How to successfully manage the consumerization of IT

Phones

PhonesI wrote recently about the apps that feed our mobile addiction. Now, the trouble with an addiction is that it needs constant feeding, and with mobiles, tablets and other devices, it has never been easier to tap and click away to your heart’s content. For consumers this is wonderful, but for IT departments it can be a major headache as employees seek the same freedom and flexibility at work.

Whether on smartphone or tablet, business leaders now demand access to corporate email and documents 24/7. When they get such access, they begin to see the potential that comes with it: increased productivity and flexibility, improved efficiency and perhaps even a reduction in the amount of office space required as people are able to work remotely. When this occurs, senior execs start asking why there isn’t a company-wide mobile strategy in place — which is exactly where the troubles can begin for beleaguered IT teams.

Tablets equal headaches

We have all heard the phrase “consumerization of IT.” But despite its overfamiliarity, it is a genuine phenomenon. If enterprises don’t issue their workforce with smartphones or tablets, employees become increasingly intent on using their own devices. This trend, affectionately known as Bring Your Own Device (BYOD), is a real headache for IT teams. Recent research from Dell KACE showed that of 750 IT professionals surveyed, almost nine in ten said that their staff were using their own devices for anything ranging from email right through to CRM and ERP.

More devices means more operating systems, which in turn means added complexity for IT departments. Concerns about network security breaches, IP theft and loss of data mean that a strategy for addressing BYOD is imperative.

The best approach

Essentially what is happening is a shift from IT assets inside the firewall to IT ​assets outside the firewall. While this does present challenges, it is by no means an insurmountable problem.

Your enterprises should begin by choosing at least three smartphone platforms to support. It is, of course, impossible to support every platform, but an audit of the most popular devices in an organization will reveal the most appropriate. Then your organization must decide what type of approach it wants to take: Do you still want to provide and retain control of all devices, software and apps? Or is there merit in a hands-off strategy? Perhaps your IT departments should recommend devices and apps but ultimately let employees source their own, with any required controls applied in the cloud?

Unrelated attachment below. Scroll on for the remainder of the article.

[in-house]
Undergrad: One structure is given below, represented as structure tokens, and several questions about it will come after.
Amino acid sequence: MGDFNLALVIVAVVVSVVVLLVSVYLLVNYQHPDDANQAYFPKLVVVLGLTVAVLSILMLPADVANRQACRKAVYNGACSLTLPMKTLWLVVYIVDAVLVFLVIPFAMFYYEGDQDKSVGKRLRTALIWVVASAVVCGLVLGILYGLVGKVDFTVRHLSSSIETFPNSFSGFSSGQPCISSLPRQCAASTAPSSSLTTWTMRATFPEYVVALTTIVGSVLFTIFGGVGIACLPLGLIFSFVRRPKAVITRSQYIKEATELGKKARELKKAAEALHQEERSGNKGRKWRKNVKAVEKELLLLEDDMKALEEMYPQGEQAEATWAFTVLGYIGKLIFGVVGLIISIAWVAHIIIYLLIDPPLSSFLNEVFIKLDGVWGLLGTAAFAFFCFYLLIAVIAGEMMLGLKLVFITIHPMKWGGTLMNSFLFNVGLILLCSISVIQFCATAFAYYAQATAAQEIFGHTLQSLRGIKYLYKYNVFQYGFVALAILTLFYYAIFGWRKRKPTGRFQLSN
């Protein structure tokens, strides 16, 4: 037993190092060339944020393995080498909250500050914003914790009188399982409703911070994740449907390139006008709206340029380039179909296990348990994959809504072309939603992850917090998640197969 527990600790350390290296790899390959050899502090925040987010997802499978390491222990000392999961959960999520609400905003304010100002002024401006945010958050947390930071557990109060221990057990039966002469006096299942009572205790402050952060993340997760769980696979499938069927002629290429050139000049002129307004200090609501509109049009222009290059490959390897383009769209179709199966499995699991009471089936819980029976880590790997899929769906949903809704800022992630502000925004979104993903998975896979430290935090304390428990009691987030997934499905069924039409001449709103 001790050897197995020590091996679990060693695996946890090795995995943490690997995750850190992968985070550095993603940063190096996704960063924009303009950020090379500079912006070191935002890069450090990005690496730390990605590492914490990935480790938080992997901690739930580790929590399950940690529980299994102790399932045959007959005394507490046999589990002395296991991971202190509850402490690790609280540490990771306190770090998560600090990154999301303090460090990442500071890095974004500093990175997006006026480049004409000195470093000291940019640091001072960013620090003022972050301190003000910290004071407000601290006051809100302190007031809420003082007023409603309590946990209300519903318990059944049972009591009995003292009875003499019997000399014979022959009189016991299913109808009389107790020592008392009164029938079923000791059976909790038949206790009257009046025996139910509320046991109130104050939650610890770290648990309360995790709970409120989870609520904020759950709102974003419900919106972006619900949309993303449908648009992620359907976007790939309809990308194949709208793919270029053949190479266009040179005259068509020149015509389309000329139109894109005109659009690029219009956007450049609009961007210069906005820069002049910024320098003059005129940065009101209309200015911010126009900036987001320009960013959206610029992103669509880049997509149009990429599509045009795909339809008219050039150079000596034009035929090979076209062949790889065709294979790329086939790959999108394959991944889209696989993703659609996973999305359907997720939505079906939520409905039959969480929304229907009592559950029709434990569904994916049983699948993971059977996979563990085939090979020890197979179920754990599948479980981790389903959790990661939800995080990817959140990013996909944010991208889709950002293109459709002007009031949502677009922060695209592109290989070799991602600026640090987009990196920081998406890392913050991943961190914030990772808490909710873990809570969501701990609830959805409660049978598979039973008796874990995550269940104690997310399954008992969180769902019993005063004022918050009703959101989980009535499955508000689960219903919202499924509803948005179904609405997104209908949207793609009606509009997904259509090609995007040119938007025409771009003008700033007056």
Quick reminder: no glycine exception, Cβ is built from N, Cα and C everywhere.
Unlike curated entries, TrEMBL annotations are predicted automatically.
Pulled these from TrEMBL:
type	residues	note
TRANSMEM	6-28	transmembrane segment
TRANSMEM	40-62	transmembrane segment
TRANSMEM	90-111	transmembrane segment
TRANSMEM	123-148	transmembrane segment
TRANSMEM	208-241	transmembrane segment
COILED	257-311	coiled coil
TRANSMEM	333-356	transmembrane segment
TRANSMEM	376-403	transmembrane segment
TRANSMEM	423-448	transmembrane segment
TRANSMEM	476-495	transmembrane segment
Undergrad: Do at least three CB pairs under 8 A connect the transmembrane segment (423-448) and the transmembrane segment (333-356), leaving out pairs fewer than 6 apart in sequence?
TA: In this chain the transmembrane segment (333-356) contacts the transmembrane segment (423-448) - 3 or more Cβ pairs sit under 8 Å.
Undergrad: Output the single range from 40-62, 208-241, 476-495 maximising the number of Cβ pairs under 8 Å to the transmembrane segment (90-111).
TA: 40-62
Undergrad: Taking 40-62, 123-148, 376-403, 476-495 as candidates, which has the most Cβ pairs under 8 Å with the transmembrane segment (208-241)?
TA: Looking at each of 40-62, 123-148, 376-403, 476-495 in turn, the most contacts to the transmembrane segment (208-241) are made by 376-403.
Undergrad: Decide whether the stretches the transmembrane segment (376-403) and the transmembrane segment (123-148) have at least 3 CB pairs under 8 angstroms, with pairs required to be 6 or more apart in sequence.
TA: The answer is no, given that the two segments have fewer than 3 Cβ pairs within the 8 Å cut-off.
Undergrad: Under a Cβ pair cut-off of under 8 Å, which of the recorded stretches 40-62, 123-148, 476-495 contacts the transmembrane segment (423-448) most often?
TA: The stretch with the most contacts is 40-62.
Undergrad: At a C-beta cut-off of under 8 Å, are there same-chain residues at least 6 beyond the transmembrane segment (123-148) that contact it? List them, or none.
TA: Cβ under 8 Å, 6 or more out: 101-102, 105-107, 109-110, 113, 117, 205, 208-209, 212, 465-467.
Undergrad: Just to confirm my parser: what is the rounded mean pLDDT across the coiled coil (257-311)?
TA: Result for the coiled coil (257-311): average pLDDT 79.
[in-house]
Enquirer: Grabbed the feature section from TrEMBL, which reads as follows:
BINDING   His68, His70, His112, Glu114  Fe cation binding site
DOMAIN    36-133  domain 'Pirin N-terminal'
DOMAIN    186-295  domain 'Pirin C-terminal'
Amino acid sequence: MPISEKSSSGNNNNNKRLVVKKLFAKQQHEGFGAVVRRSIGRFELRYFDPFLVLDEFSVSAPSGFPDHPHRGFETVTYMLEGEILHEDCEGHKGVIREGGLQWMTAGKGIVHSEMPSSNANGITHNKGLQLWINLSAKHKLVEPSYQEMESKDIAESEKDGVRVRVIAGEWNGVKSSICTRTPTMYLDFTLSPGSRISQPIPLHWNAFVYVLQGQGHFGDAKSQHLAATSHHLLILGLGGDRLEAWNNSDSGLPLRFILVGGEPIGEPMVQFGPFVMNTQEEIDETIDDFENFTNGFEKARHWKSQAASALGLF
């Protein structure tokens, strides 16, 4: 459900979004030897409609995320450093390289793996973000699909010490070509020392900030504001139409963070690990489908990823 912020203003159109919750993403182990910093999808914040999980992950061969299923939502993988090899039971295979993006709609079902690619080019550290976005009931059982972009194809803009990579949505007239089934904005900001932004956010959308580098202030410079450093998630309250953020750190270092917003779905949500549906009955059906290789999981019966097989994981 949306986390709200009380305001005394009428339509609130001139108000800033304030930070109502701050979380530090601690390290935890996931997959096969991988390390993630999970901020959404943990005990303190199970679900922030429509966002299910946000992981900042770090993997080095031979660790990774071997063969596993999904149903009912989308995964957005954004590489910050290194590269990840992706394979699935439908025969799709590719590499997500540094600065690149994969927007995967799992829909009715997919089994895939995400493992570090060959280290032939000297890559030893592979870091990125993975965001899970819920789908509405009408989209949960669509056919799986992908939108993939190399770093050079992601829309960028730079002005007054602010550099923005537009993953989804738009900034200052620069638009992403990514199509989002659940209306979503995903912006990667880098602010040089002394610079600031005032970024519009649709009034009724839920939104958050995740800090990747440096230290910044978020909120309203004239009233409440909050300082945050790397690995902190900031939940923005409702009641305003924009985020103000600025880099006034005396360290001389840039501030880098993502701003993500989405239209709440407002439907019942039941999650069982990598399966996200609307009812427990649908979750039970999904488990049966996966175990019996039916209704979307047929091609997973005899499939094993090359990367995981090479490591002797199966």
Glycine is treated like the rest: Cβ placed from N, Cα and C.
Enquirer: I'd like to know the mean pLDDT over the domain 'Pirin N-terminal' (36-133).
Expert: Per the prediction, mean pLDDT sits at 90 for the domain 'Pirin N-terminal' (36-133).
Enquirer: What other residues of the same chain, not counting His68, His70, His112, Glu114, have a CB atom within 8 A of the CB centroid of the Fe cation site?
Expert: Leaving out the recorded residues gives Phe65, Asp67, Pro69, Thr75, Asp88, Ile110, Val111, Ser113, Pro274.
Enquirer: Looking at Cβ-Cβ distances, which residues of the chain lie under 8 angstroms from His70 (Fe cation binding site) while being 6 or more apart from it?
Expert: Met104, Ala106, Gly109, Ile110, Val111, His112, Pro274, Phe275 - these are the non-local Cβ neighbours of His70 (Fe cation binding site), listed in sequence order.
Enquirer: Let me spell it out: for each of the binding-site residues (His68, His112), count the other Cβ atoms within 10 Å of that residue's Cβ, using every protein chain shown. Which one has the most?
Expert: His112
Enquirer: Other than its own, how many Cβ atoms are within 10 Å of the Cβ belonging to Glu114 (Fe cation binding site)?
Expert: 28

Business has changed, IT must follow

The way in which so many of us work has changed dramatically over the last decade. There is no longer a requirement for today’s web workforce to be stuck in one location or connected to one enterprise server. Web workers are mobile and flexible — reflective of the way businesses operate in 2012.

So the traditional roles and responsibilities of an IT department are changing, just as the way that businesses operate is changing. An IT team worth its salt needs to be aware of this. The consumerization of IT and BYOD are not passing fads, and the sooner organizations embrace this, the sooner they can reap the many benefits that such an approach brings. People are going to use devices that make their working lives easier whether an IT Director likes it or not, so surely acceptance is the way forward for any right-minded organization?

By relinquishing just a little control, IT departments can unlock their organizations from the constraints that come with the old approach to device management and usher them into a new era of productivity, flexibility and collaboration.

Andy McLoughlin, co-founder and EVP Strategy at Huddle, can be reached on Twitter @Bandrew.

Image courtesy of Flickr user rhodes.

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